HH: Joined now by Congressman Todd Akin of Missouri, a very interesting Congressman, not because he’s got his MDiv or is a member of the PCA, or that he’s running for the United States Senate, though we’ll talk to him a lot about that. You can get involved in his campaign at www.akin.org, or that he’s even had three kids graduate from the Naval Academy. It’s because is the chairman of the subcommittee on Sea Power of the Armed Services Committee in the House, and they are going to be dealing with this deal/deficit cut for a long time. Congressman Akin, welcome to the Hugh Hewitt Show.
TA: It’s a pleasure to join you, Hugh.
HH: Now what was your reaction to the deal? Did you vote for it?
TA: No, I did not.
HH: Now that’s interesting. Tell me why you didn’t, and what are these cuts going to do to our national defense?
TA: Well, you obviously picked out the first reason I didn’t vote for it, because it’s going to decimate the Defense budget. But the second reason, being an engineer, and they probably shouldn’t allow them in Congress, it doesn’t really solve the problem. We have a structural problem with radical deficit spending, and the only solution that I have ever heard of that works is what most of the states do, and that’s a balanced budget amendment, and actually index the size of the governmental along with a balanced budget. And of course, what we’re doing is we’re just sort of pretending everything is going to be okay on the back of Defense. And so two reasons – one, it was destructive to our national security, and two, it didn’t really solve the problem.
HH: Well, let’s talk a little bit about that national security aspect, Congressman. I’ve got Jonathan Chait of the New Republic coming up after you, and I’m sure he likes the deal. But I keep looking at, I think it’s $350 billion in cuts already, and as much as another $600 billion out of the next ten years down the road. How bad a hit did Defense take yesterday?
TA: Hugh, I read it the same way you did. $350 billion over ten years, $600 billion, possibly, in the next sort of piece of it. That comes out to just about a trillion, or dividing it by ten, $100 billion per year. Now $100 billion is a lot of money, so what does that mean? Well, the entire Navy shipbuilding budget is about $15 billion.
TA: So you’ve, obviously, you kind of wipe out the whole shipbuilding budget totally. They are, and it’s only 15 out of 100. Let’s figure something bigger. How about the Marine Corps? Well, the whole Marine Corps is less than $100 billion. So you can get rid of the Marine Corps. These types of cuts are really draconian. Now let’s put this in context. If you take a look at the number of, or the size of the military in 1990, and probably your listeners may know this, Hugh, 1990 to the present. Look at it in macro numbers – number of people in uniform, number of ships, and number of aircraft. Almost, we’re just barely over 50% of where we were in 1990, so we’re half. The number of ships we have is about the number of ships we had in 1916.
HH: It’s about 283, is it not, Congressman?
TA: I believe that’s correct.
HH: Yeah, we can’t be a superpower. The People’s Republic of China is surging a blue water navy.
TA: You’re right. You’re right. We don’t have, even now, before these cuts, we don’t have the capability of doing some of the things that are in our plans that in case this happens, we’re going to do this, that or the other thing. Well, the end case scenarios that we’re supposed to be prepared for, we’re not preparing for them anymore. And so instead of letting our Defense budget be driven based on what we think the requirements might be, we just let it be one of the scapegoats for the budget.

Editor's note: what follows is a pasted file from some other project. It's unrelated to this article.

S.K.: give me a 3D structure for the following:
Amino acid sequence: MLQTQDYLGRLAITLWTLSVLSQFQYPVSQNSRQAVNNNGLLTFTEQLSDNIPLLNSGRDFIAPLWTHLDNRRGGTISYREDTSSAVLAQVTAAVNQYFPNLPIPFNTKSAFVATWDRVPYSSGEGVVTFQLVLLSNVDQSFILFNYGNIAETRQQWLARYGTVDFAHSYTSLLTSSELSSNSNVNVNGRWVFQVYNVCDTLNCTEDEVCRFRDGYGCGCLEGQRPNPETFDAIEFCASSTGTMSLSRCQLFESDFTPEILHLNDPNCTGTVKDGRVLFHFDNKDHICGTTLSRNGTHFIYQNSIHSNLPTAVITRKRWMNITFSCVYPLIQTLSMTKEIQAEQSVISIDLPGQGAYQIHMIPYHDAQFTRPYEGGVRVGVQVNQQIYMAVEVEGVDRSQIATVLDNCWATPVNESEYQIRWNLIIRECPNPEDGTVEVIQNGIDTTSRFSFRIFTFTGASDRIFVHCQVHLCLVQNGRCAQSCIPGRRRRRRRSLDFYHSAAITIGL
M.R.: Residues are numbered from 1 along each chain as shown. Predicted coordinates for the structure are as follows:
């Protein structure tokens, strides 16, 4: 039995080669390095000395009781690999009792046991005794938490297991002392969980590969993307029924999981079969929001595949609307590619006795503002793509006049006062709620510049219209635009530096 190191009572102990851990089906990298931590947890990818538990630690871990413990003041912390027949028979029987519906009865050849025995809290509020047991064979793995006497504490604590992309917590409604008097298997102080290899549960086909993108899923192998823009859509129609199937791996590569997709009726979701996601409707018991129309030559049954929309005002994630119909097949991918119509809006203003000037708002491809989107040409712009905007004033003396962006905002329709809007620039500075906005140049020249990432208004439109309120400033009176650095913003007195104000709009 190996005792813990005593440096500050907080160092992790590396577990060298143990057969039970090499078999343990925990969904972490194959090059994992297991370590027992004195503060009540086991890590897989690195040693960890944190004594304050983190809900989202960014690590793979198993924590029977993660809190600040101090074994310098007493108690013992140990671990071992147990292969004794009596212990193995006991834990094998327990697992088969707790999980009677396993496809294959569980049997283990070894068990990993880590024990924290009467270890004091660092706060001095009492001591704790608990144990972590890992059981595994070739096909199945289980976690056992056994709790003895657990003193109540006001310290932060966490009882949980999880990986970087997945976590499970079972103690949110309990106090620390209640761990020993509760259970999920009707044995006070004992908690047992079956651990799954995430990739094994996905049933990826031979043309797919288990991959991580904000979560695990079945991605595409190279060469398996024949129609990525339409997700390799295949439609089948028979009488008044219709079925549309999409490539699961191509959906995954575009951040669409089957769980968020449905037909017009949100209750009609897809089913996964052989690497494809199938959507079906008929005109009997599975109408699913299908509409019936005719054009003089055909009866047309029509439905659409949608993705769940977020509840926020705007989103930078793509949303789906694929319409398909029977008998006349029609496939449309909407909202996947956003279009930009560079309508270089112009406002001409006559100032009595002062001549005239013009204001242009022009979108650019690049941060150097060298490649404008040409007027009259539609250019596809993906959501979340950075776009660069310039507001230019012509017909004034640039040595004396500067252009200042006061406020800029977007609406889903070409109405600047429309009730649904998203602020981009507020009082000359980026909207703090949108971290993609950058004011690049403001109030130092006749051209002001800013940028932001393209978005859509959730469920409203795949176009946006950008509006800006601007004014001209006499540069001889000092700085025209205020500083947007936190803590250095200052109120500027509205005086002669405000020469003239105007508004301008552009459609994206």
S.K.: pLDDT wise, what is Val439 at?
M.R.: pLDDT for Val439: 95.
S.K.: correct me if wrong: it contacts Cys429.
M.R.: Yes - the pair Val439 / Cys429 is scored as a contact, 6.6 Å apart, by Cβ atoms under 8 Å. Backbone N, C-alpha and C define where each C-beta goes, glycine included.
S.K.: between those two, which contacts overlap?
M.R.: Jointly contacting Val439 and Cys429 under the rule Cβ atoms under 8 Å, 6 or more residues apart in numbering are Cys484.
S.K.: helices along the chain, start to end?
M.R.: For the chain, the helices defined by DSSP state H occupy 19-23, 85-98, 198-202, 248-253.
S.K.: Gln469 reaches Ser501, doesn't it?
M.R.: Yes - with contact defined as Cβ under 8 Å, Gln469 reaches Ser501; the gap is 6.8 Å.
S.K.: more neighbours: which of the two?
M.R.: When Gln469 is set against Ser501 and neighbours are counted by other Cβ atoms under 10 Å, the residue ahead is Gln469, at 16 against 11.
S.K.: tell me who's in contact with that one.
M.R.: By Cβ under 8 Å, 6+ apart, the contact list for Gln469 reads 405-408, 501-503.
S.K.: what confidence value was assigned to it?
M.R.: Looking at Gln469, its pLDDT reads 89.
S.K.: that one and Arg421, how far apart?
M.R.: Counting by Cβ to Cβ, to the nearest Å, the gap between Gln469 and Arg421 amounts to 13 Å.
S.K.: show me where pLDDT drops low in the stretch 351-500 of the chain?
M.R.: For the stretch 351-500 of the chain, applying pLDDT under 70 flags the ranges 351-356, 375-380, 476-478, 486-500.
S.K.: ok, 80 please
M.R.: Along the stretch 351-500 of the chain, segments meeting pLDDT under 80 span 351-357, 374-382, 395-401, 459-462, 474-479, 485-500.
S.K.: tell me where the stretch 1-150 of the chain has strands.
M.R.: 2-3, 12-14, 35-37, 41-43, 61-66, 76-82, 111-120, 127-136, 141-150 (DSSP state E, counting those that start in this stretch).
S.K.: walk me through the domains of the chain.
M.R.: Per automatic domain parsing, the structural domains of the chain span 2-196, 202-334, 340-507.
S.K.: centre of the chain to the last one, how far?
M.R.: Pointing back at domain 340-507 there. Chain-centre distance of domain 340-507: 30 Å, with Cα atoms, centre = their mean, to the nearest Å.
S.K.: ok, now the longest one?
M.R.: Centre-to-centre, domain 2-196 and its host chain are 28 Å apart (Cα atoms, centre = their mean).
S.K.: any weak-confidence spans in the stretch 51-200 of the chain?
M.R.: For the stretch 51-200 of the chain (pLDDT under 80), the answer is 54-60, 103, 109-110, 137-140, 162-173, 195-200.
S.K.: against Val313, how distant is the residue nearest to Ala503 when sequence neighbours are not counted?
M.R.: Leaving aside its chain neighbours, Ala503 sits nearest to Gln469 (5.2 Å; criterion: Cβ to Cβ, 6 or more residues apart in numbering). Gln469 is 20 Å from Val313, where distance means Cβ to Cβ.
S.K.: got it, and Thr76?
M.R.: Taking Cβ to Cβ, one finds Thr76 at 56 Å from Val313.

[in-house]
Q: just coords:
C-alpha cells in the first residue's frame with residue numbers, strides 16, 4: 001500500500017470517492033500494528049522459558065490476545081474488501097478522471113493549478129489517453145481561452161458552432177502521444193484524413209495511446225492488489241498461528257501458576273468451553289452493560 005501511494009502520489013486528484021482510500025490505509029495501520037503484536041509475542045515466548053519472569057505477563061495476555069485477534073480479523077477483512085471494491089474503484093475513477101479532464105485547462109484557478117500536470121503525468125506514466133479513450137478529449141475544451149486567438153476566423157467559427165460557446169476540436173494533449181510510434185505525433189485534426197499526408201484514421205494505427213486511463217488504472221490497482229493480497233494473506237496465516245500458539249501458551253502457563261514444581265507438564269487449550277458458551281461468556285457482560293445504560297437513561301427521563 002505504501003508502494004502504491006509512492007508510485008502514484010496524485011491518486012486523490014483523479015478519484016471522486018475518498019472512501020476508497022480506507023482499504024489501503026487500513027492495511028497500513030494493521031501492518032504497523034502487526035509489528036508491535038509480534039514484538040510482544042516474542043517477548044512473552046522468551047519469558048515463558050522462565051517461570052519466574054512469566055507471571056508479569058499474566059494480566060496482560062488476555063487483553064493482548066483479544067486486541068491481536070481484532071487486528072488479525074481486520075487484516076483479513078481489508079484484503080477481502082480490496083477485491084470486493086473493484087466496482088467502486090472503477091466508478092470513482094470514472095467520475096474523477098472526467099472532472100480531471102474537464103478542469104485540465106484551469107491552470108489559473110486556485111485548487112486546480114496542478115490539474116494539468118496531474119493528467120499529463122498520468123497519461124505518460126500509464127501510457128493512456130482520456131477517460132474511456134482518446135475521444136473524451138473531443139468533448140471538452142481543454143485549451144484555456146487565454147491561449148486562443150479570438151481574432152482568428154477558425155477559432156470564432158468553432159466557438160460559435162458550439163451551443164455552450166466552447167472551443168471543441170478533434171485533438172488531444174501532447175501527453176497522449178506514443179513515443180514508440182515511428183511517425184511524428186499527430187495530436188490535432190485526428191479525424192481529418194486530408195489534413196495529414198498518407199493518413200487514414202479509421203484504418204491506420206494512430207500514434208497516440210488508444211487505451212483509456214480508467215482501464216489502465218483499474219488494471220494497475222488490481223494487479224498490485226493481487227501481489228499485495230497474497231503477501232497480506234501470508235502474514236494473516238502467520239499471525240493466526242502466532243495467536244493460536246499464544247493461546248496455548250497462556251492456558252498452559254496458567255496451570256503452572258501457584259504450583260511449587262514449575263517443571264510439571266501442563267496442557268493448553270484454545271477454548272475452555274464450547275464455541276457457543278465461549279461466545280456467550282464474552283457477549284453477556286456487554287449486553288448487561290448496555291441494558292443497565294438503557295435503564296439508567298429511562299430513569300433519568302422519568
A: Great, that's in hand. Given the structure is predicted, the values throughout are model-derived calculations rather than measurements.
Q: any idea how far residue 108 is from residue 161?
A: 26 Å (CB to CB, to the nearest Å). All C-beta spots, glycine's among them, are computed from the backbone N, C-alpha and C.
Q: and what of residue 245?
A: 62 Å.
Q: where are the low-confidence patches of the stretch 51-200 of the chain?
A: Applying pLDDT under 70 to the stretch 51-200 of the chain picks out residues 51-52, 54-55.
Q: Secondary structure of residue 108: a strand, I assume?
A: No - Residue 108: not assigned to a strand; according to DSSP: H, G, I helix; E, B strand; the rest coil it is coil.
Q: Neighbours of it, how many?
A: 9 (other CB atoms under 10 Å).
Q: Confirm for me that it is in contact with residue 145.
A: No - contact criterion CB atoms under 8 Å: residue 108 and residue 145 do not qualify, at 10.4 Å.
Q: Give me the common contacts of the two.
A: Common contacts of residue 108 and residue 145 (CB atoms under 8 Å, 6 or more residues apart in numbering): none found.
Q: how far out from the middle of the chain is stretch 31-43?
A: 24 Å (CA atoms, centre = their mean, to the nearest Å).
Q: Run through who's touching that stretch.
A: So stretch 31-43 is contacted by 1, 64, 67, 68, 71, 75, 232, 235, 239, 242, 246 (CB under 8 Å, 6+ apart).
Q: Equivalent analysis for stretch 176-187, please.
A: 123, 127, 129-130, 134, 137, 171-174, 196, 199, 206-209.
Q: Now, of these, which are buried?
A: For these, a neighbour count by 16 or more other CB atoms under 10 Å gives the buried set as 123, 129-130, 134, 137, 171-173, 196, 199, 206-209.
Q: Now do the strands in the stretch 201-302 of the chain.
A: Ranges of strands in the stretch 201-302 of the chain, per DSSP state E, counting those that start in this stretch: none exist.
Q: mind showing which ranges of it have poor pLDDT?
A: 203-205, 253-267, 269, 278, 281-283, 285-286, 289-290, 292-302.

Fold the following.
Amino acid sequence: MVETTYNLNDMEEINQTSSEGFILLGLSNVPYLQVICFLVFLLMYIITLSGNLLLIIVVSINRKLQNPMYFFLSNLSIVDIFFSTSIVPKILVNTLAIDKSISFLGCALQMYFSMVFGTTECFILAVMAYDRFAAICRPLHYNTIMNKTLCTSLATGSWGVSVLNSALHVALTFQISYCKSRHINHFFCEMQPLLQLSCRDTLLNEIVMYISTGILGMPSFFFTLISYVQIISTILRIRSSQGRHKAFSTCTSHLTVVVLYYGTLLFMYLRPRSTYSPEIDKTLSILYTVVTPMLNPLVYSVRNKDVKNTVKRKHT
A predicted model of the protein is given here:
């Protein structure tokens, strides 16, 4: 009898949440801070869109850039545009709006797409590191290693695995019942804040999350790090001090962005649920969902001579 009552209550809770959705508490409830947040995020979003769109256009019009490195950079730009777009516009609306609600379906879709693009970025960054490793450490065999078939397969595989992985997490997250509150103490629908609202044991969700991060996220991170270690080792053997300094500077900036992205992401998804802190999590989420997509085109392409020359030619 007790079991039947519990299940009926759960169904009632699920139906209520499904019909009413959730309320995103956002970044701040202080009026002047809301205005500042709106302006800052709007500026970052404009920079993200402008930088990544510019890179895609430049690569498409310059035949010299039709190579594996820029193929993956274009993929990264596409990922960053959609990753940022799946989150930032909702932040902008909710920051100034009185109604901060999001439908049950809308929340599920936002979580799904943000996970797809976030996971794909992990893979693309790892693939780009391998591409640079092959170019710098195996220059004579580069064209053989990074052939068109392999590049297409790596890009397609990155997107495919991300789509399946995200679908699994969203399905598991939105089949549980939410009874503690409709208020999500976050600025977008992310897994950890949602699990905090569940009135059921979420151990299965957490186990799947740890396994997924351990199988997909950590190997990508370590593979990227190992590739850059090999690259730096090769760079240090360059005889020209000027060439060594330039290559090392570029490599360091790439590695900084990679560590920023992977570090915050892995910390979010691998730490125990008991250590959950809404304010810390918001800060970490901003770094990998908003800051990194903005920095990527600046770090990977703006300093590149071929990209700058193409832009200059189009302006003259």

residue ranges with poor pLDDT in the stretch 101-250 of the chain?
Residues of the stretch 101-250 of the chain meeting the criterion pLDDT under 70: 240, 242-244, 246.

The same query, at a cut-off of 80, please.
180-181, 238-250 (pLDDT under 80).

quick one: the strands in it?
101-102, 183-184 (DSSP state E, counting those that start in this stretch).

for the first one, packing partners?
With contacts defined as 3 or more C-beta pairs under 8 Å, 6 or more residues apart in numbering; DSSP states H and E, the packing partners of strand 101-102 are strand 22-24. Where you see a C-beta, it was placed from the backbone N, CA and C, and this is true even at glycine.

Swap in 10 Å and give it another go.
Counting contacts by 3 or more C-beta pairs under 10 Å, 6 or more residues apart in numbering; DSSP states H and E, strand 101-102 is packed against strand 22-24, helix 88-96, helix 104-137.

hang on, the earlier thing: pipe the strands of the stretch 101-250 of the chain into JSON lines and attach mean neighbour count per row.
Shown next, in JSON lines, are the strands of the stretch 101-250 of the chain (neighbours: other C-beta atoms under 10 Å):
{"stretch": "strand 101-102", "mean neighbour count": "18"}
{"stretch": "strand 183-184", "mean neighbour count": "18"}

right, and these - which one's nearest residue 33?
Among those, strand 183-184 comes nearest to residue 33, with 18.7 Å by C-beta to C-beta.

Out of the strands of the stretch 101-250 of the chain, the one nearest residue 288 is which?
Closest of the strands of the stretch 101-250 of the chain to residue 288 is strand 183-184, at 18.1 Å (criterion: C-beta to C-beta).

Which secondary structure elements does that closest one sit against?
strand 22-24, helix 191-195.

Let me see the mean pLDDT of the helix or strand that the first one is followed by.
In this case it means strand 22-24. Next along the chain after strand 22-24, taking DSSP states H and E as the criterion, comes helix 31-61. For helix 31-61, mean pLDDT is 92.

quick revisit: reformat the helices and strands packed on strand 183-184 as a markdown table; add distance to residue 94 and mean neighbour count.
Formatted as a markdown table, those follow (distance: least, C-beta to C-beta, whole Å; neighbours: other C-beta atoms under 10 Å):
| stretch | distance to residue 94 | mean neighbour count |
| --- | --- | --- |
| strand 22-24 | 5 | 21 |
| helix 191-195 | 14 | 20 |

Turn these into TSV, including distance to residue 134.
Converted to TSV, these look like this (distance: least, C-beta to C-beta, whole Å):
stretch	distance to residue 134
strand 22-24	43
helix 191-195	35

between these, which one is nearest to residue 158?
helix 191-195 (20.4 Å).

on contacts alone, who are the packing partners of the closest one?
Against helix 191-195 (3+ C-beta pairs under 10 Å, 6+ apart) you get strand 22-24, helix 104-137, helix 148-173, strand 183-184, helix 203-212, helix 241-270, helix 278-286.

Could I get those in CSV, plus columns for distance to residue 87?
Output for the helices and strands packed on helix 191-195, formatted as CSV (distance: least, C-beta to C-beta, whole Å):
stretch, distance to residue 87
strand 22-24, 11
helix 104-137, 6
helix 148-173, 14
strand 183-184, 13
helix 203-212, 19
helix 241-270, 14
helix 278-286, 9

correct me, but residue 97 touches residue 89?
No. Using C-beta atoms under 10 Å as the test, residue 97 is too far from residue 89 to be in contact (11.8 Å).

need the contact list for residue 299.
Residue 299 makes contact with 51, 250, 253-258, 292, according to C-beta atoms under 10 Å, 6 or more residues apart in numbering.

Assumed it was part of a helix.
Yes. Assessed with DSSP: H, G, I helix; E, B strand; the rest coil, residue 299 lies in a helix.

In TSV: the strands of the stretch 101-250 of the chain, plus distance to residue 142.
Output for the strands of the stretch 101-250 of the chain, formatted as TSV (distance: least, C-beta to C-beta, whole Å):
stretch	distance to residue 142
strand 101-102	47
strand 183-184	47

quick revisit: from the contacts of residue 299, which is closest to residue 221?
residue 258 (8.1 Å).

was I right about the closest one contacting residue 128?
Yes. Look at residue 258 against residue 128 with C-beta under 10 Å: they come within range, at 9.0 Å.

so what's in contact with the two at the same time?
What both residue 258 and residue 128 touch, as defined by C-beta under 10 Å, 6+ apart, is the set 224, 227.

HH: Well now, this supercommittee that has been convened has all this authority. Do you know yet who from the House is going to be on there, and will they be Defense-minded?
TA: That’s a good question, and I don’t know. And I will comment, too, that we’ve seen something that’s a little troubling if we get into a vote on this subject, Hugh. We’ve had several votes where Armed Services people on the committee are recommending we do a particular thing, and the new generation, the freshmen Republicans, tend to be good conservatives when it comes to cutting, but they’re not very discriminate. And we’ve lost a number of votes on Defense funding, because the new breed of conservatives are not like the old ones. If you’d said before, hey, Todd, give me 20 of the most conservative guys in the House, I’d line up all 20 of them, and every single one would be a Defense hawk. The new people are not. And so holding Defense, trying to hold the line and not cutting Defense is going to be very hard with the makeup of the Congress right now.
HH: About 30 seconds left, Congressman, you’re running for Senate, www.akin.org. If people want to help you out in Missouri, they can contribute, they can get on board.
TA: That’s great, Hugh, yeah.
HH: How big of an issue will Defense be against Claire McCaskill?
TA: Well, I think probably most of our discussions will be focused on the economics. She voted, for instance, for the mother of all earmarks, that $787 billion dollar “stimulus” bill?
TA: That’s going to be a hard one for her to sell to the Missouri public. And of course, socialized medicine under Obama is going to be hard to sell, too.
HH: We will check back throughout the course of the campaign, Congressman Todd Akin. Thank you so much for joining us from Missouri, www.akin.org
End of interview.